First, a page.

Sunday, December 5

An LGBTQ+ allyship youth event hosted by…the Episcopal Diocese of Ohio? Yup! And they’re proud of it too!

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What do spirituality and sexuality have in common? How about Christianity and the LGBTQ+ community? Such topics took center stage through discussions surrounding identity, inclusion, and allyship at a recent youth event for the Episcopal Diocese of Ohio.

Occurring from November 5-7th at St. Michael’s In the Hills Episcopal Church in Toledo, Ohio, the event was a way for youth in grades 6-12 to learn more about LGBTQ+-related topics, share their stories, hear from others’ experiences, and explore the intersectionality of faith and the LGBTQ+ community.

The Reverend Anna Sutterisch

Reverend Anna Sutterisch, the Canon for Christian Formation of the Episcopal Diocese of Ohio, was beyond excited to carry out this event. With 18 youth coming from across the state, Rev. Anna’s only concern was the carpool situation, which she jokingly said “will be a nightmare.”

The first day of the event was dedicated to giving the youth the chance to get to know each other through icebreakers, while the following days focused on workshops, discussions, storytelling, free time, and worship. The youth also had the chance to hear the stories of older Episcopalians who are part of the LGBTQ+ community and learn more about their own identities.

The Buckeye Flame spoke with Rev. Anna to learn more about the event as well as the culture of inclusivity toward the LGBTQ+ community fostered by the Episcopal Church.

How did the the Episcopal Diocese of Ohio come to sponsor this event?
Last November, I held a “Canceling Racism” weekend for my high schoolers. I had nine kids come and spend a weekend following a curriculum…just really diving into white privilege, to what is power, to classism, to history. At the end of that weekend, I said, “Where do we go from here?” I listened to them and they said all weekend that we need this for LGBTQ+ issues. So in June, we had an event, and I made them tell me more. I was like, “Do you want it to be about advocacy, do you want to learn about intersectionality, do you just need terminology… What do you need?” I took their ideas, and [that resulted in]four workshops.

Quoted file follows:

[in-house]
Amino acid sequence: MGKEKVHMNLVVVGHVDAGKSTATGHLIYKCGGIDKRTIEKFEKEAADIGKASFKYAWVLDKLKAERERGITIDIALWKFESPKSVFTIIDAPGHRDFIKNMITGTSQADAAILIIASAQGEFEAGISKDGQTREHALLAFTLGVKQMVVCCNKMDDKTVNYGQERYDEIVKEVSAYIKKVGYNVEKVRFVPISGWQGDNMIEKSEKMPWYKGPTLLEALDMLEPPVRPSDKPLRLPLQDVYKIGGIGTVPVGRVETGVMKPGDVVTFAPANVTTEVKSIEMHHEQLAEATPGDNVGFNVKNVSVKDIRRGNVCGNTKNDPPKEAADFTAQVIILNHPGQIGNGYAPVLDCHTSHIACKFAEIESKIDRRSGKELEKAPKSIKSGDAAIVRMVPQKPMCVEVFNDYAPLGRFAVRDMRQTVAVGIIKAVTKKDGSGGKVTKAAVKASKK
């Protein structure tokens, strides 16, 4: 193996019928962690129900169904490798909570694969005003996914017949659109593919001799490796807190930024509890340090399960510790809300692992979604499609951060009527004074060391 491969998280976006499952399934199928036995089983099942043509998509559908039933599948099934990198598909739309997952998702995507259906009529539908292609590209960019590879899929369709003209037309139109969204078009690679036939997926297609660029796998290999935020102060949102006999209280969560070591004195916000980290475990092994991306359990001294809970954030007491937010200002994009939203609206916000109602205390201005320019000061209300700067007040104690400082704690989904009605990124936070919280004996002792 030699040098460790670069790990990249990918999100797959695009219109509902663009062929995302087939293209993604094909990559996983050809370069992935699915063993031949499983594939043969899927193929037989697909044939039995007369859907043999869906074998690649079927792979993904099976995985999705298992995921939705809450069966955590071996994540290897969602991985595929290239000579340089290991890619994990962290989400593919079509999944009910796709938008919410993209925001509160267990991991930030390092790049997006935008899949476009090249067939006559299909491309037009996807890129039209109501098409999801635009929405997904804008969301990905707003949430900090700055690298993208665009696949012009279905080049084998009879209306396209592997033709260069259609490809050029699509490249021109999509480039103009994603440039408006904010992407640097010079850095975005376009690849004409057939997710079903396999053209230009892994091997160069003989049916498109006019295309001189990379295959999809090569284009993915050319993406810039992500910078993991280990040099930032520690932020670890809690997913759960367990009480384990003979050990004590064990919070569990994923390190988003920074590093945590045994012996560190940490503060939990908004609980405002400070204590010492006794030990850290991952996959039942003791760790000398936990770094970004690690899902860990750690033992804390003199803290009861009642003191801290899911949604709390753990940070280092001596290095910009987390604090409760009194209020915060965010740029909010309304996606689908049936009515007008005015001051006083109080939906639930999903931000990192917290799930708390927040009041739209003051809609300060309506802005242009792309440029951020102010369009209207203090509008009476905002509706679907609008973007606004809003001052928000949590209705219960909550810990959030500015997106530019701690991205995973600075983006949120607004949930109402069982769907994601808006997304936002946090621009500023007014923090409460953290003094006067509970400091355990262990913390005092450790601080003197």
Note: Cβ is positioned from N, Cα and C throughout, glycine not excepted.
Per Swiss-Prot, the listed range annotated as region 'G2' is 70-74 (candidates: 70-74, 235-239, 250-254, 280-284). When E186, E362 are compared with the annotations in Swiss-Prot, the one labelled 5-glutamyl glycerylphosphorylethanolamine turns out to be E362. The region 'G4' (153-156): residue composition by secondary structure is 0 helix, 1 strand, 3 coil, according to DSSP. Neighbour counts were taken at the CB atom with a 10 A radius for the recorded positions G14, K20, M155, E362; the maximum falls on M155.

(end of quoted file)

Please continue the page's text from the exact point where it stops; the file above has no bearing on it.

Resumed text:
The first one is on basic terminology and intersectionality. Then the second one is queer theology, [so]what does the Bible really say, and how do you clap back when people use that one Bible verse taken out of context. And then the third one is on mental health and allyship. The fourth one is on queer history, and also advocacy and policy, and that one is being taught by one of my seniors in high school; she identifies as bi, and she’s just so passionate about queer history.

At dinner, we invited four or five guests who are adults and are Episcopalian to come for some storytelling.

What has been the reception of the event?
I’ve only had one negative email, but everyone else has been [positive]. I got an email saying, “I’m so glad this is happening,” and a similar [one saying], “This is what the church needs to be doing,” [and another saying], “This never would have happened, and I’m so glad that our church has evolved to be happening now.”

Talk about your hopes for the event.
I think a lot of these youth have an inherited sense of the power of queerness and confidence around it, and what I’m really hoping is to bring in spirituality and Christianity so that they know the intersectionality of faith and your gender expression, or your sexual [orientation]. This is not a queer workshop; this is about being Christians and being queer or being allies. [It also involves] bringing in a holistic, reflective, spiritual approach to LGBTQ+ issues of all kinds.